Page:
Posted: Sunday, 29 January 2012 @ 18:09
When speaking to our clients recently, it is apparent that most have started the year with a sense of cautious optimism.
It’s easy to understand the source of the caution: the economy remains in a mess for the 5th year running, with negative growth back, unemployment continuing to rise and the largest ever national debt. Although there has been much talk of the government reducing red tape, little has been achieved so far and we are still affected by a seemingly endless stream of new regulations from Europe, the cookie regulations being just the latest. And there are menacing storm clouds on the horizon: the collapse of the Euro seems likely within the next couple of years and there is even the distant possibility of a war with Iran, which would cause fuel costs to rocket.
But where does the optimism come from? I believe it’s an inherent trait of business owners. After all, business is all about doing things now with a view to making a profit in the future. Without optimism, business owners simply wouldn’t take the risks necessary to continue in business.
I remember an interview with Theo Paphitis of the Dragons' Den a few years back when it was suggested to him that being in business is all about taking risks. No, he said, it was about taking calculated risks. Nothing was certain and it was foolish to take risks without doing your homework first.
As a litigation solicitor, I am regularly called to help pick up the pieces when things go wrong. Often the business owner comes to me facing disaster: the collapse of their business, the loss of their life savings, or the prospect of bankruptcy and losing their home. The toll this has on their health and family is immense.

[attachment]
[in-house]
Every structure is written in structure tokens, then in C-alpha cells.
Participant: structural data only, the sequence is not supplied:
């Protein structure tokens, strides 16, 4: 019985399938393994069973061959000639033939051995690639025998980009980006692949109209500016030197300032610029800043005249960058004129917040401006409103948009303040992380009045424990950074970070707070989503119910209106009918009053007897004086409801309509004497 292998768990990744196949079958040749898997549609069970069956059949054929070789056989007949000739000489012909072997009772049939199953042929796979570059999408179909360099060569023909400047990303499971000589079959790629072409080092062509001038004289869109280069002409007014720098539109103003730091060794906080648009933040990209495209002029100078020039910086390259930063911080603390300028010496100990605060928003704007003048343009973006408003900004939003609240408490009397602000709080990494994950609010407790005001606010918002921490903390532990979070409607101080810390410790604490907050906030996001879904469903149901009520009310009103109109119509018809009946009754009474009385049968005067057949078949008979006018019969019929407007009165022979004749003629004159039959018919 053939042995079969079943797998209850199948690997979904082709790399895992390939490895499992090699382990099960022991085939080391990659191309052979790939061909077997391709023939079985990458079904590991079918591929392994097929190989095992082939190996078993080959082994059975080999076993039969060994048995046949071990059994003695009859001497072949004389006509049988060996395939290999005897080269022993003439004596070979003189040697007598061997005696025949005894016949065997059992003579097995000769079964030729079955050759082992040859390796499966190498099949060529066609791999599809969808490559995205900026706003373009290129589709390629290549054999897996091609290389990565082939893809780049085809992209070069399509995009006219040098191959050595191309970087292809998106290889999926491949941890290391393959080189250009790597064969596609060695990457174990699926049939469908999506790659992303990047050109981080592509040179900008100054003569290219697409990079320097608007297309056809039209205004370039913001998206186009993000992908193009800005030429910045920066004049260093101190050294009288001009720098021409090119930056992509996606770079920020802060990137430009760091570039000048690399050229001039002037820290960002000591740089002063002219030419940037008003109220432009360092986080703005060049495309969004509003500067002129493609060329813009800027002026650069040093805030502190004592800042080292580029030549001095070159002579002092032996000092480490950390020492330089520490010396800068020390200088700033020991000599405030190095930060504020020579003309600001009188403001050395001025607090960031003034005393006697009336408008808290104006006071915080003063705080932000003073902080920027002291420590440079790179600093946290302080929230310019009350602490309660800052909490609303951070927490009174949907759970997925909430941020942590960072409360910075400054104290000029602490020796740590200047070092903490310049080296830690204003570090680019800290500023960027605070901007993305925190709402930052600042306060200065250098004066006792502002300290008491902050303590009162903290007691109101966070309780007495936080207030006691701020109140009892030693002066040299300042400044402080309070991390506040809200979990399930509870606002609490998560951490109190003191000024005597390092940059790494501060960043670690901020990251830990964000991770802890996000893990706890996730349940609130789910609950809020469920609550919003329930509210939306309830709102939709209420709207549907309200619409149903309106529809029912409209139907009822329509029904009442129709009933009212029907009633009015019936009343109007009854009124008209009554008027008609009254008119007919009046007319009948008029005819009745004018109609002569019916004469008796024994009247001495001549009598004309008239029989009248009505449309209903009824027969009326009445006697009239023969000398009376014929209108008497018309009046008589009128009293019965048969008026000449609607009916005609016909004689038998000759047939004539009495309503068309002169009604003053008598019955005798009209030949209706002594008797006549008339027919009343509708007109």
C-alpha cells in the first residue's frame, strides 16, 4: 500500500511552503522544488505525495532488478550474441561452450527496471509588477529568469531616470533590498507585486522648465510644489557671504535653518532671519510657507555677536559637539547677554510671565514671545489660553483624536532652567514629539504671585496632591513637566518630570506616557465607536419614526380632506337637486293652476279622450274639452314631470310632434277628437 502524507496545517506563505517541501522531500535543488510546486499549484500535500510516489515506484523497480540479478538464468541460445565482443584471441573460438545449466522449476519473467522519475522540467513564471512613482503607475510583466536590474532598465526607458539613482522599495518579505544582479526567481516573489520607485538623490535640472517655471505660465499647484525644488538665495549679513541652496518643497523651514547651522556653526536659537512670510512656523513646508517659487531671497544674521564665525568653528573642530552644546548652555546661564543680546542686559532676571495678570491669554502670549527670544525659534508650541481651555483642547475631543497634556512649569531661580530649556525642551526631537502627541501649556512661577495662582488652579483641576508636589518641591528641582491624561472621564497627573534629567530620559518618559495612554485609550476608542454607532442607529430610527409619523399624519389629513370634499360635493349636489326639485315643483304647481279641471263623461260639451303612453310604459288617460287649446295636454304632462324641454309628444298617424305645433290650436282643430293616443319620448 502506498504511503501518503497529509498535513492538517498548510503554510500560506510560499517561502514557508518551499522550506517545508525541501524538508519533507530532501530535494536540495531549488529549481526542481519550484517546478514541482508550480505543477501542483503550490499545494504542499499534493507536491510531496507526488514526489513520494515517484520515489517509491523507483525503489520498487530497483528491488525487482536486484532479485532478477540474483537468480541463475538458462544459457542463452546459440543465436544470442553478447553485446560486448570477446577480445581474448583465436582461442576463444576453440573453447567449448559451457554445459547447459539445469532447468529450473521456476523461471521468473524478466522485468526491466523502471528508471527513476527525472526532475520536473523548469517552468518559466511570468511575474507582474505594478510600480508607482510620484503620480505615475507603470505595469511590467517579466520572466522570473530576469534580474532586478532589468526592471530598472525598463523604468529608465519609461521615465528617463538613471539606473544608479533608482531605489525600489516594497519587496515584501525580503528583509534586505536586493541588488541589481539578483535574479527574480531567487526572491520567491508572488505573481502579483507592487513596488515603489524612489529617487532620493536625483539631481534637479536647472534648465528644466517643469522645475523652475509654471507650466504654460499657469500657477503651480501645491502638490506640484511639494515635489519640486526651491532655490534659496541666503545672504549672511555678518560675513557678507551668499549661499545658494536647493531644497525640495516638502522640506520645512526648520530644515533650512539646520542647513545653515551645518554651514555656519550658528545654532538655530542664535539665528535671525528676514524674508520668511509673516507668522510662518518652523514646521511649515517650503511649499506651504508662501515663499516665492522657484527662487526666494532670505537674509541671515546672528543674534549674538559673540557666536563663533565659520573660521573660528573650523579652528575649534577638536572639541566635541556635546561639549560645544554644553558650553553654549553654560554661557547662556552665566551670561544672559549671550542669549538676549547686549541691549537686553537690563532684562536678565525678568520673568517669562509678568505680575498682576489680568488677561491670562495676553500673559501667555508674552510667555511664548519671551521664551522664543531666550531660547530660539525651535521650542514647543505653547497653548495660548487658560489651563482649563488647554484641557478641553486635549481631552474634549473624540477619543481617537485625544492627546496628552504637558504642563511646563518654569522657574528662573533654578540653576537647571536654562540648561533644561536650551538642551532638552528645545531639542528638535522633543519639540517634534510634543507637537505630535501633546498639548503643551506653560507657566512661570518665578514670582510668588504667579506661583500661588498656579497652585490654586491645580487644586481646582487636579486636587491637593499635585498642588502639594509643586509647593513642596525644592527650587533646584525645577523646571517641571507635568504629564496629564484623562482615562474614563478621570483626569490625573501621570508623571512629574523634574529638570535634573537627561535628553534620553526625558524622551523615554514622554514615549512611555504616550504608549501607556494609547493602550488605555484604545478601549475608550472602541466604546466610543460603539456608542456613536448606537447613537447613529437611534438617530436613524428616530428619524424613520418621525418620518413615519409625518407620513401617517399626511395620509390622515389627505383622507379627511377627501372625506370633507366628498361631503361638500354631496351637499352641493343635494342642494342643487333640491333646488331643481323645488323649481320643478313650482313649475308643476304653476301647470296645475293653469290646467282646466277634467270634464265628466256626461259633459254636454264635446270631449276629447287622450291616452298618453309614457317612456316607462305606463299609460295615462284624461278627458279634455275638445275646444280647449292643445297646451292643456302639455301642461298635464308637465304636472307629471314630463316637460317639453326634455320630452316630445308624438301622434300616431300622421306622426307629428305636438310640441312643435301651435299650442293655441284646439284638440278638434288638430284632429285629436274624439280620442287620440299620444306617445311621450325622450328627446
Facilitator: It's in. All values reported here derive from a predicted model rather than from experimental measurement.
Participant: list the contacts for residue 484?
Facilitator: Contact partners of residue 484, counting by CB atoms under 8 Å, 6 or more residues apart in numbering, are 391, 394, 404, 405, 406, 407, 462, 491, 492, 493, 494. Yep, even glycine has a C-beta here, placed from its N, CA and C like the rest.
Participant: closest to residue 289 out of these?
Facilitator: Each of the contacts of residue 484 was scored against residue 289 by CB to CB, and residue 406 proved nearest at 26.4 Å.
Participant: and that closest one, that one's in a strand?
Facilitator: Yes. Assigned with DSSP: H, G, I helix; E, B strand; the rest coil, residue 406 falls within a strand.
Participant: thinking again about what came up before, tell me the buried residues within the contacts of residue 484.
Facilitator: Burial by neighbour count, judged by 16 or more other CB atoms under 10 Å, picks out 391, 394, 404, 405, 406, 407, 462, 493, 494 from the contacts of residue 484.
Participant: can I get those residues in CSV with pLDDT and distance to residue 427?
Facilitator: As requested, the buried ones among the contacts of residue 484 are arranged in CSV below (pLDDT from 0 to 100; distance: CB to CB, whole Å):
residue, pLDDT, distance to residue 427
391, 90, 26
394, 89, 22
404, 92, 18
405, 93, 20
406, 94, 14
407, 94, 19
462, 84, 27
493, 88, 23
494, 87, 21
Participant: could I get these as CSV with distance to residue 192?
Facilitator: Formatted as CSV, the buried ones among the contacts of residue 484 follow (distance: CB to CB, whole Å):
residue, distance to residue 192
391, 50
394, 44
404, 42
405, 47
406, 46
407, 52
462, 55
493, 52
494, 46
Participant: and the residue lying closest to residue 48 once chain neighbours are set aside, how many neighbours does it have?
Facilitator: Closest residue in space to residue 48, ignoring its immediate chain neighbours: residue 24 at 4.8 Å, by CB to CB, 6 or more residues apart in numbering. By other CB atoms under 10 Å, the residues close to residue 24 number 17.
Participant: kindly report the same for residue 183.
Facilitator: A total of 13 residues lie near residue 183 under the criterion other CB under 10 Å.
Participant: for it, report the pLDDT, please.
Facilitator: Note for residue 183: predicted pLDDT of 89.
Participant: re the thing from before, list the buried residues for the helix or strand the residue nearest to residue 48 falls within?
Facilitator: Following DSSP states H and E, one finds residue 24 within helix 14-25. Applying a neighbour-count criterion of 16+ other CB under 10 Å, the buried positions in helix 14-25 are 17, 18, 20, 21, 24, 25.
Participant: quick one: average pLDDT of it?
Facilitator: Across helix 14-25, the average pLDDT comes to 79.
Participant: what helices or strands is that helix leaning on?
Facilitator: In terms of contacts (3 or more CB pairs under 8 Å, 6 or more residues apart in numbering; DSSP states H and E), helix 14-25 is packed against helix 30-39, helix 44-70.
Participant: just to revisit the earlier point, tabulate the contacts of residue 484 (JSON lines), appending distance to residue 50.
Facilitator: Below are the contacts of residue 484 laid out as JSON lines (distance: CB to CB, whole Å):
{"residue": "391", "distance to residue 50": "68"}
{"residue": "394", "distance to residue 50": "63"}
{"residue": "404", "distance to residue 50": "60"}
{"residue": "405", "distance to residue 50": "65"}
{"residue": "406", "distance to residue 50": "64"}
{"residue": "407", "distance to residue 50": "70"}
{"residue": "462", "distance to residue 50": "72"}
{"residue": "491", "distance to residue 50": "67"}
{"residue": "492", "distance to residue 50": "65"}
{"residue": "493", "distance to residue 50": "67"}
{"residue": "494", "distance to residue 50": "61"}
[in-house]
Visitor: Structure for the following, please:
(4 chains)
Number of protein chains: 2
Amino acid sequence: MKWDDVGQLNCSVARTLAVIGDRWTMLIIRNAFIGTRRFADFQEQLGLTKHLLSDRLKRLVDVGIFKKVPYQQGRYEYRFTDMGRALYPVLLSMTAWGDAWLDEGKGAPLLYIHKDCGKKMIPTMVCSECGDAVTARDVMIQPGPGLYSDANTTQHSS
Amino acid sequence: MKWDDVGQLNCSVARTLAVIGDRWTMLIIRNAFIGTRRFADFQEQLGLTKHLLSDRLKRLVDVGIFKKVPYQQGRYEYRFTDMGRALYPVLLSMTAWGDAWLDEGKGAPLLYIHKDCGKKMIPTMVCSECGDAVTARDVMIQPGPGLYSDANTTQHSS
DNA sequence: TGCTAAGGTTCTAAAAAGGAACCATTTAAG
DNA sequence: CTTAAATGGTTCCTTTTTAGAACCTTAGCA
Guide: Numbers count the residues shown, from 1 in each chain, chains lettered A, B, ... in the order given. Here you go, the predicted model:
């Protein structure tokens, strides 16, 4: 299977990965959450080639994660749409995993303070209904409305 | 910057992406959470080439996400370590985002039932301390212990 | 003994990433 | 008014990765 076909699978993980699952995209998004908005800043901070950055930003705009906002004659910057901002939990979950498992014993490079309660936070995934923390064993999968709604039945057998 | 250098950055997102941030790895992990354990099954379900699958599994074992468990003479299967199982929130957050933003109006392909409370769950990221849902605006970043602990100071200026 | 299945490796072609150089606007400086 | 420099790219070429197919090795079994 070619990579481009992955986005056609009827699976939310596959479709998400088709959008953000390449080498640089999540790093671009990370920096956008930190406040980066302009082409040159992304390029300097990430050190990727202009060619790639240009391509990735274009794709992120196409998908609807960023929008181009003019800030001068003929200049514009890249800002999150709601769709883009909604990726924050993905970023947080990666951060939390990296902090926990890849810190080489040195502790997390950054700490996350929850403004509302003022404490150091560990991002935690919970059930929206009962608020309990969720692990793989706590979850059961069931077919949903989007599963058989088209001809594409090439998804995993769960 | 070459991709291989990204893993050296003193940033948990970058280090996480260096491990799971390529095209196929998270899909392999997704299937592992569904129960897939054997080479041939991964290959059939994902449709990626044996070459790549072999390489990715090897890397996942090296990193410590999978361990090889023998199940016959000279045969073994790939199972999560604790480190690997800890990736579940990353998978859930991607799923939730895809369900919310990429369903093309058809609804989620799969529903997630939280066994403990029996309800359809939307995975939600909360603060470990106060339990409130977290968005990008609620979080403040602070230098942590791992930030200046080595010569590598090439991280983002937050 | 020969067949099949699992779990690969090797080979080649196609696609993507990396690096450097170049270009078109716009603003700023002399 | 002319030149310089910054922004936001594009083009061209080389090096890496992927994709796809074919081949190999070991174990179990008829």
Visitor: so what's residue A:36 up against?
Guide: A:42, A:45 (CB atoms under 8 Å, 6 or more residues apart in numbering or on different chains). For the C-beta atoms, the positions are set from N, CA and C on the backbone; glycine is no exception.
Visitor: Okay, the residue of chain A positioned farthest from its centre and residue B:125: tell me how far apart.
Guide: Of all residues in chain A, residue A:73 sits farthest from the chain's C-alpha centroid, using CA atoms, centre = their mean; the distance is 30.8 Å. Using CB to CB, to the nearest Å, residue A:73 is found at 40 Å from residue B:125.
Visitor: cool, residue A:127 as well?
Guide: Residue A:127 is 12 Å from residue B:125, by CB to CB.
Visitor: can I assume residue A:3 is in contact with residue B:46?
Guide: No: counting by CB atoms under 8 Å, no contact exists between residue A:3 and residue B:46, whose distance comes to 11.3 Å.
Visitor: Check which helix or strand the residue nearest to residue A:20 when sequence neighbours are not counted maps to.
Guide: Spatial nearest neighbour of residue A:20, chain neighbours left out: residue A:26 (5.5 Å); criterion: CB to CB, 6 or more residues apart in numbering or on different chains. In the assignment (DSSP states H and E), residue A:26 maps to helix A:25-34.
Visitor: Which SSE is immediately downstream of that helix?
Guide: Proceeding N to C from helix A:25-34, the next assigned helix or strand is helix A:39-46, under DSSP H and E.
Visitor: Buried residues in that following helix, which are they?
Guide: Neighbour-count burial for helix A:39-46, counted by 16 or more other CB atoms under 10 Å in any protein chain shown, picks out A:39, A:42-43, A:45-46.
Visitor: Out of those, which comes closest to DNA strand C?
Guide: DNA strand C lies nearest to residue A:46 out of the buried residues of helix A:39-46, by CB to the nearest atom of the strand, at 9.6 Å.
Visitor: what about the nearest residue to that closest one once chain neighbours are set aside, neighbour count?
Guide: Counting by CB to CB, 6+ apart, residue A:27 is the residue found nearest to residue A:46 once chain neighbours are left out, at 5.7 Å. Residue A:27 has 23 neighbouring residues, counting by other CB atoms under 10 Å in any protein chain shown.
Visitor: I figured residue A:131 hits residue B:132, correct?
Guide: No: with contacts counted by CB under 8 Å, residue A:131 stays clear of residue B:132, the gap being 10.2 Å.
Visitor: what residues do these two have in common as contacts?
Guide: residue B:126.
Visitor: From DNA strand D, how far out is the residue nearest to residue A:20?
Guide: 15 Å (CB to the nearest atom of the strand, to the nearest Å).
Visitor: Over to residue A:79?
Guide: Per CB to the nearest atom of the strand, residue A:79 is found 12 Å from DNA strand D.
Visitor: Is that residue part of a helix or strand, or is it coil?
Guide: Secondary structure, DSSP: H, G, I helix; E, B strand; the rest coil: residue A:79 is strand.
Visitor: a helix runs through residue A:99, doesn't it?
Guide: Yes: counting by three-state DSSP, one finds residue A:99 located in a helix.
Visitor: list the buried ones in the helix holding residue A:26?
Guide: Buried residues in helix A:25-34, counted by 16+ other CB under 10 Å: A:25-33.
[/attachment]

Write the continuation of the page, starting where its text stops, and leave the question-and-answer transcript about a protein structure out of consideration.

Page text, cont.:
What I see time and time again is that they took massive risks without any real appreciation of the dangers they were facing. If only they’d taken the right legal advice at the right stage, the risks could have been avoided or reduced.
As examples, many formed companies with business associates without proper shareholders’ agreements in place, only to find that there was little they could do when they fell out with their fellow shareholders/directors. Others entered into major contracts on the basis of just few phone calls and perhaps a basic written order, only to find that, without a proper contract, they were liable when things went wrong. Many thought they could sort out a business dispute with a major customer or supplier without taking legal advice on their position and what tactics to employ, only to find themselves embroiled in a lengthy and expensive court case. And still others thought they could enter into a long-term lease commitment without taking advice on its terms, only to find when too late that it was heavily biased in their landlord’s favour – something which is totally unnecessary in today’s market conditions.
So, whilst an inherent sense of optimism is vital for any business owner, especially when the economic outlook is so bleak, blind optimism, optimism that is not based on understanding and calculating risks, is simply foolish. When it comes down to it, the main thing that we do as lawyers is to help businesses minimise or avoid unnecessary risks and we’re only a phone call or an email away.
Business Solicitor and Optimist
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Blog by Gary Cousins
Gary has been providing legal advice to shareholders, directors and business owners for over 25 years. Specialising in dispute resolution Gary is based in Birmingham with clients throughout the UK and overseas. View profile
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